Regarding the circular motion vs the side-to-side, I will continue to practice this. 

Working in a conceptual way was much easier for me than trying to remember a sequence in steps. 

One thing that was concerning for me in this module was the amount that I was using my thumbs in the footwork. I am overly aware of protecting my thumbs, fingers, and wrists because even just getting out of massage school, there has been a ton of wear already. Part of the reason that I have been drawn to Thai massage is because of how much easier it is on the body. I tried to adjust by using the palm and sides of my hand, but I know that it doesn't have the same effect as the thumbs and fingers.

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February 17, 2023 - 10:07 am
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You should be very aware of protecting your fingers, thumbs, and wrists. That's why I mention in the training that you should wrap your hand around the foot in order to distribute the pressure across the entire hand instead of just your thumbs. And remember one thing: Just because a technique is shown doesn't mean you have to use it. The techniques are options to choose from, not mandatory sequences.

There are many more techniques taught in this course than you will ever be able to use in one session. In other words, you will have to skip some techniques anyway when doing a session unless you do two or three-hour long sessions.

Outside of this foot massage section, there is much less thumb use, and often you can replace your thumbs with another body part, as you will see.

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Christi Wagner
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February 18, 2023 - 4:10 am
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Module 5

Thank you for the validation of protecting my body. In module 3, it was very helpful when you instructed us to keep our wrist straight and to twist with the entire forearm when twisting the foot. I am working every day with different techniques to determine if it would be better for me to spend time figuring out how to make some of them work with my body or to hold off on them for the time being.

In Module 5, the first butterfly technique while stabilizing the lower leg felt very natural to me as well as enjoyable to my daughter. The figure 4 position of the leg worked well to access her inner leg. Of the techniques that were covered, I struggled most with working on the outer thigh, and felt like what I was doing was not as effective as it could be, even when I slowed down the video and went slowly. I will continue to review this so that I can improve.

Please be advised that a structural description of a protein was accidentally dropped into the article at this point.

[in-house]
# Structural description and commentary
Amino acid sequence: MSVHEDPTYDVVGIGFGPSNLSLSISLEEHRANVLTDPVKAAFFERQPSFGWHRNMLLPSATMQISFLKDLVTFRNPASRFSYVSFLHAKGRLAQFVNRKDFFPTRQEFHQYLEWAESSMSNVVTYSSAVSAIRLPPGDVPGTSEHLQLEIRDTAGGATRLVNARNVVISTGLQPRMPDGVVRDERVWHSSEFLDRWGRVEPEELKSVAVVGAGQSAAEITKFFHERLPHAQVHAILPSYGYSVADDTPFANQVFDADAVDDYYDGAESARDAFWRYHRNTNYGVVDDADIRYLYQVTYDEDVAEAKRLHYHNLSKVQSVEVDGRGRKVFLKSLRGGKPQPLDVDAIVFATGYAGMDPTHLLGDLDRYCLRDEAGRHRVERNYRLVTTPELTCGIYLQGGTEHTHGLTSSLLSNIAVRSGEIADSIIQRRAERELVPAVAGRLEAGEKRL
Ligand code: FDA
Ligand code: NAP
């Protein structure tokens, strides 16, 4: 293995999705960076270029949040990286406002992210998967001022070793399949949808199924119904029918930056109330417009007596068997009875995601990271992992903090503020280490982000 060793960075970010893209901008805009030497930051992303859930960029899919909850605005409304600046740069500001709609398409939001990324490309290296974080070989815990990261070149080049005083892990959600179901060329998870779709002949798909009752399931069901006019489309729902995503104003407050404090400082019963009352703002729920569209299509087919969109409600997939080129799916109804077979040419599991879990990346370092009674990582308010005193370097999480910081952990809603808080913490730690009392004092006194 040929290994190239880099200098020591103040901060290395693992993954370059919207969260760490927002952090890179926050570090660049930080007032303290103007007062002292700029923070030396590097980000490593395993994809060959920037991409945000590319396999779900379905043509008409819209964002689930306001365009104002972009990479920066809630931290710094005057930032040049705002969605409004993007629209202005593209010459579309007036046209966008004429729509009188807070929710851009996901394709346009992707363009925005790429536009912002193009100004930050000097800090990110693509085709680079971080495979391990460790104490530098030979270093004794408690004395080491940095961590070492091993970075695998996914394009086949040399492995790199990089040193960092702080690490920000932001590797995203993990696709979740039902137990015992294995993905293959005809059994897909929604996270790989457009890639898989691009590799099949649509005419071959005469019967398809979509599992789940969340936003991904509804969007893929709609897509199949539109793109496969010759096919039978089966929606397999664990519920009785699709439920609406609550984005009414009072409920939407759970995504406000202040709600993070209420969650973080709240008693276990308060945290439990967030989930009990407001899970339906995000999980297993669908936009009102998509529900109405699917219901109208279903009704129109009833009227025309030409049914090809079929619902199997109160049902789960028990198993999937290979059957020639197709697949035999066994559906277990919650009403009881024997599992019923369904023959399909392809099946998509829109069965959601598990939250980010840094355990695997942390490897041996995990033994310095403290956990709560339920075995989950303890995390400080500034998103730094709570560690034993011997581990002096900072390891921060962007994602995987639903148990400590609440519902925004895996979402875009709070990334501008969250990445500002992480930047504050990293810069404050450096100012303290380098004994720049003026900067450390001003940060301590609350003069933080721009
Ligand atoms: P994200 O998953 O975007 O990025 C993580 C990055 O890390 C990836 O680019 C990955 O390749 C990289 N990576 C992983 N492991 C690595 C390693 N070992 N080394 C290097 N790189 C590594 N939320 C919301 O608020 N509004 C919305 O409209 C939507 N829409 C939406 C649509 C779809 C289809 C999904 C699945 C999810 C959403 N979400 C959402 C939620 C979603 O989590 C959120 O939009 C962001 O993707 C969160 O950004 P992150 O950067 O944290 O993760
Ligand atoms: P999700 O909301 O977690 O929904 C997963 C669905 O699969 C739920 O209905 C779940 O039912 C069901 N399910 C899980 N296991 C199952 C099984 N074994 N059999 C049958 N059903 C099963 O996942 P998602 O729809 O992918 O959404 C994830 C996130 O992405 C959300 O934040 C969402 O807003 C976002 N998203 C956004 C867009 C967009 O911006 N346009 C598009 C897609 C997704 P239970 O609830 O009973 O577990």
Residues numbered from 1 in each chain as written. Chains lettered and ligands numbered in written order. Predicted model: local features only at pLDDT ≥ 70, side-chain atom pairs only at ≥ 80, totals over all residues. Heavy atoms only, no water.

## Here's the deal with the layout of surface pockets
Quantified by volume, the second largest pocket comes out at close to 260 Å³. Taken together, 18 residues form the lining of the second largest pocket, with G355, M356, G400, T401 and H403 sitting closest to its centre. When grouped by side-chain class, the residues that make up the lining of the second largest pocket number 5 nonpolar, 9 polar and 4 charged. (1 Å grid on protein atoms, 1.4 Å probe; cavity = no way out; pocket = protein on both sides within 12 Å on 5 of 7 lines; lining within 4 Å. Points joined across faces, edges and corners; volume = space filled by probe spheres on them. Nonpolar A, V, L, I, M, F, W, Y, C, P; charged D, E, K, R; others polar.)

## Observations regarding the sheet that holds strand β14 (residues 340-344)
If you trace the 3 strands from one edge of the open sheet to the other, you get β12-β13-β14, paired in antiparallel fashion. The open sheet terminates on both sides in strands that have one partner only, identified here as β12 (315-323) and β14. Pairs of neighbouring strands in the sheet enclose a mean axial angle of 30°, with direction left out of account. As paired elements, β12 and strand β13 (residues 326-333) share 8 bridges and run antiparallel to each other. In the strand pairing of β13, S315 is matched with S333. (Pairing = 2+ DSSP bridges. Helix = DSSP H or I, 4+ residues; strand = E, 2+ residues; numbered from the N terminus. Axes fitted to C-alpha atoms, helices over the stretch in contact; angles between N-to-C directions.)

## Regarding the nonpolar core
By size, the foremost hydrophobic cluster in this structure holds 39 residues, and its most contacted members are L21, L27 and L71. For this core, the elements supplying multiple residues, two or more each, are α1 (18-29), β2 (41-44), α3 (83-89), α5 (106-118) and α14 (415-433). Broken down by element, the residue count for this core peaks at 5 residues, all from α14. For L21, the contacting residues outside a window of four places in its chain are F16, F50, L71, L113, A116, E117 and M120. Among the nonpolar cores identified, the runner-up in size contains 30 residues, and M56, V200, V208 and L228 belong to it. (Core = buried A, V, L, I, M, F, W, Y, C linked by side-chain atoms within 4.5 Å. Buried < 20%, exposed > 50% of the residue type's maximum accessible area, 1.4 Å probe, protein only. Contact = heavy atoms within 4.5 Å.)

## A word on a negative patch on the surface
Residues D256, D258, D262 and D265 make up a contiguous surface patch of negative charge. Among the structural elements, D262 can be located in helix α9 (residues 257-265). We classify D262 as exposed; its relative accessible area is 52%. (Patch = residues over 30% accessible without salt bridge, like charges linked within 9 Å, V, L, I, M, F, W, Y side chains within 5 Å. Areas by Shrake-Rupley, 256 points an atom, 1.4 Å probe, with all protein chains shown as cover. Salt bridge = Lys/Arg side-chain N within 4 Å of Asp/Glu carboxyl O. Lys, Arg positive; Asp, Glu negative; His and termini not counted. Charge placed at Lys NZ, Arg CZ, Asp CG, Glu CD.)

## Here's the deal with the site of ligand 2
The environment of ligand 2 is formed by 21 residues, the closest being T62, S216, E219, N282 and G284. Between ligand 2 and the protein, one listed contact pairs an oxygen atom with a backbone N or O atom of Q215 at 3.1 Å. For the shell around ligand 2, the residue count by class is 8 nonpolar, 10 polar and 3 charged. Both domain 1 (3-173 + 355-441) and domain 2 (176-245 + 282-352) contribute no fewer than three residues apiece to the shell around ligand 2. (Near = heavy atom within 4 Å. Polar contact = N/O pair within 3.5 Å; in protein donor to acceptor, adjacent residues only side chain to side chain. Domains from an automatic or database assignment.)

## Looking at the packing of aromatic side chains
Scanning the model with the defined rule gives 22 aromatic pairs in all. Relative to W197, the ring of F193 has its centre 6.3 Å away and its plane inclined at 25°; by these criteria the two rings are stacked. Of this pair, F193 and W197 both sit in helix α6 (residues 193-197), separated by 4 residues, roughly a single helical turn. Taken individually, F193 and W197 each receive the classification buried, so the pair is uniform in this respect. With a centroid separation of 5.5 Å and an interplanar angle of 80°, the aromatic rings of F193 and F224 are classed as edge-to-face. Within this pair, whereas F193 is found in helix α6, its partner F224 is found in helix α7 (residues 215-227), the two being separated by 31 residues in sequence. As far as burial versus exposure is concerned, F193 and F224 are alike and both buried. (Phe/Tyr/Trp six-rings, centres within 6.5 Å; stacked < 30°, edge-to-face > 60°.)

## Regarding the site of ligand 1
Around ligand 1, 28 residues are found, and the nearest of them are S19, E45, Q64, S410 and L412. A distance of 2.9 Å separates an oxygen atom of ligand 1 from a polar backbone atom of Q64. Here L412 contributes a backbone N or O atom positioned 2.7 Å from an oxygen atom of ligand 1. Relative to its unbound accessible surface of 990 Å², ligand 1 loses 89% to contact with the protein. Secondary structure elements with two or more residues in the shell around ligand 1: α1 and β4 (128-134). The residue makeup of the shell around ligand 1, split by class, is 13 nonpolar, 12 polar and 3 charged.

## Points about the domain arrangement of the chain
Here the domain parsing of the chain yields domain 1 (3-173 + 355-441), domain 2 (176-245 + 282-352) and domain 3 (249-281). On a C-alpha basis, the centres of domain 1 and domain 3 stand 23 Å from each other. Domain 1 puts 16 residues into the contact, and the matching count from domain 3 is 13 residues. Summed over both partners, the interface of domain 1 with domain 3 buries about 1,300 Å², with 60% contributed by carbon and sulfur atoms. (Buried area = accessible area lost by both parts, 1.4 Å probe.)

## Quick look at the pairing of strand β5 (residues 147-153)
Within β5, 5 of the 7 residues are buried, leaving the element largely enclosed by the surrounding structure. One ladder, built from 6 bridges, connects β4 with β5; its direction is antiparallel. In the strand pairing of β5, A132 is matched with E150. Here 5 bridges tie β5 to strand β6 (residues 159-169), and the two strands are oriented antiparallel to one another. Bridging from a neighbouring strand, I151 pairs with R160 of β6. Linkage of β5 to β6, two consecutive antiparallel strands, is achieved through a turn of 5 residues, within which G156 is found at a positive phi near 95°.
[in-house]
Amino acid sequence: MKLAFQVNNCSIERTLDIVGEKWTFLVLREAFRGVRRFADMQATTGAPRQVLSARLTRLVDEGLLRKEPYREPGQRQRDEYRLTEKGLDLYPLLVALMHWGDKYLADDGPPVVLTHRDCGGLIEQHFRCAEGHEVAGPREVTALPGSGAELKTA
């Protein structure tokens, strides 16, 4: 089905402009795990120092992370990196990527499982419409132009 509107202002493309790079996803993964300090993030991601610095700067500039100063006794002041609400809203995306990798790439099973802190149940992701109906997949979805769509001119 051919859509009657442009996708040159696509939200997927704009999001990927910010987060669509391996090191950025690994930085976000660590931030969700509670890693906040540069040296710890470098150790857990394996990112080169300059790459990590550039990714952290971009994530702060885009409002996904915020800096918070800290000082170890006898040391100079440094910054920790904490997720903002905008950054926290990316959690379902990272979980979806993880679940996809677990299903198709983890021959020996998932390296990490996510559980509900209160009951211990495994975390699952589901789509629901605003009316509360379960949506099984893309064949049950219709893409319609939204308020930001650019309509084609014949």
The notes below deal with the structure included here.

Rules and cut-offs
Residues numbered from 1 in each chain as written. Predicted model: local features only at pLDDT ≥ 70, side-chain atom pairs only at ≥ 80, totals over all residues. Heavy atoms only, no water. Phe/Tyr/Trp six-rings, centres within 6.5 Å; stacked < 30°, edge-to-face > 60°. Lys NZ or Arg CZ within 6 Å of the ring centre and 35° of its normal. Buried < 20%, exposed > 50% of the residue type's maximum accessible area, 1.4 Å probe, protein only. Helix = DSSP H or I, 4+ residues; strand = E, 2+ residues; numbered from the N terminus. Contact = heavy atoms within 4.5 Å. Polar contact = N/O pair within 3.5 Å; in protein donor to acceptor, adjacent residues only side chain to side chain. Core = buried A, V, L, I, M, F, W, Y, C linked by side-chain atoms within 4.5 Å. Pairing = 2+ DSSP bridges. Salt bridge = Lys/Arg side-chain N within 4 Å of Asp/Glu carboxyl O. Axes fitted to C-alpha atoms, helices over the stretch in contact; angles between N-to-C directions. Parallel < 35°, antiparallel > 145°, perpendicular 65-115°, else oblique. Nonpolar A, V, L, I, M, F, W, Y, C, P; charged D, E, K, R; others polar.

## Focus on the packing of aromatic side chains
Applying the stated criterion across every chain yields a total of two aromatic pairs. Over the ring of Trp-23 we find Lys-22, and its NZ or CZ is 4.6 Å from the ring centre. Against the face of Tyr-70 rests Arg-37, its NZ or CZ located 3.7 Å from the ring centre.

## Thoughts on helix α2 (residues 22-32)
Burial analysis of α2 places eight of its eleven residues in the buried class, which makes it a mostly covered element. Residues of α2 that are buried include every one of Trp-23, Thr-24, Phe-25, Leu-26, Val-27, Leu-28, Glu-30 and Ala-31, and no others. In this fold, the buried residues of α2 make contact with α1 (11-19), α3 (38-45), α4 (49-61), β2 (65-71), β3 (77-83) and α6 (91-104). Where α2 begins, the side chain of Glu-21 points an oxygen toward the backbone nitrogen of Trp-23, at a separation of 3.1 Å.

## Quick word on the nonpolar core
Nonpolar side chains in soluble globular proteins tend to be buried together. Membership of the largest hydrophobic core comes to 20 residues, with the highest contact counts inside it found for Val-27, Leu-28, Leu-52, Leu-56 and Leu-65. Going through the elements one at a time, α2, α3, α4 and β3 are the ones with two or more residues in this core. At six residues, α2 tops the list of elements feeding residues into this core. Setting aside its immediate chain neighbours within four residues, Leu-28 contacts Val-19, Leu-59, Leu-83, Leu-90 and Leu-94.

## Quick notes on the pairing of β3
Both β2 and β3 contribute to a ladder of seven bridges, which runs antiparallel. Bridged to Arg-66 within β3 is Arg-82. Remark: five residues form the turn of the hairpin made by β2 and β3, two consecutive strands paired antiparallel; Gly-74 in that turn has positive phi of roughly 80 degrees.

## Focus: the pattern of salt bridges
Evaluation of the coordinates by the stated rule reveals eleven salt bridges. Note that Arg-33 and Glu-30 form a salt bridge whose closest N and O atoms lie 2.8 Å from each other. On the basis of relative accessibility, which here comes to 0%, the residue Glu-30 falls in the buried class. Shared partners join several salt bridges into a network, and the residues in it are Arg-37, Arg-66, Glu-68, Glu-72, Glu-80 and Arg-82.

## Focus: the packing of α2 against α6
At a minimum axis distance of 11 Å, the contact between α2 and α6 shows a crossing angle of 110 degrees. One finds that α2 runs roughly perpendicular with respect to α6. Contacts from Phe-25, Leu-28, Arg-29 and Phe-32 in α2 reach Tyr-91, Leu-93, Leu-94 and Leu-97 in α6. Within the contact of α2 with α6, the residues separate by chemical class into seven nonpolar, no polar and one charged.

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February 18, 2023 - 5:07 am
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Working on the outer thigh does not feel as easy as on the inner thigh because there is more muscle mass on the inner thigh. Also some people are quite sensitive on the outer thigh and experience pain there easily. Just something to be aware of. Aside from that, you will get used to working the outer thigh, I am sure.

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Christi Wagner
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February 18, 2023 - 8:16 pm
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Module 6

My body was so happy with these techniques! I am glad to have worked through the previous module using my hands, but this module was hands down, the way that I want to do the majority of my work. I was initially wondering how well these techniques would work on a smaller person, but after working on my daughter (a smaller person) using a lighter touch, I found that I was very comfortable applying these techniques, without the concern of hurting her by applying too much pressure. At the same time, I am able to see how effortless using the forearms would be on a larger individual too. 

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February 19, 2023 - 5:26 am
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The fact is that even the most powerful techniques can be done in a very gentle way, as you found out. Just because they are potentially powerful does not mean that you have to use all this power.

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Christi Wagner
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February 21, 2023 - 1:50 am
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Module 7

I was working with my daughter today, and went through the assessment of her hips based on her foot position. Her right foot was pointed straight ahead and had very little movement while her left foot rotated externally quite easily. When I went up to her right hip, I could see that it was more closed up and rotated forward and to the right.

I have a question. Can you tell me the difference in the effects between warming up the hip by doing the elephant walk working both the thigh and the calf vs. the actual stretch, when the elephant walking is only on the thigh? Is this just a difference in the amount of pressure that is applied...? To me, the warm-up feels like it could also be an effective stretch.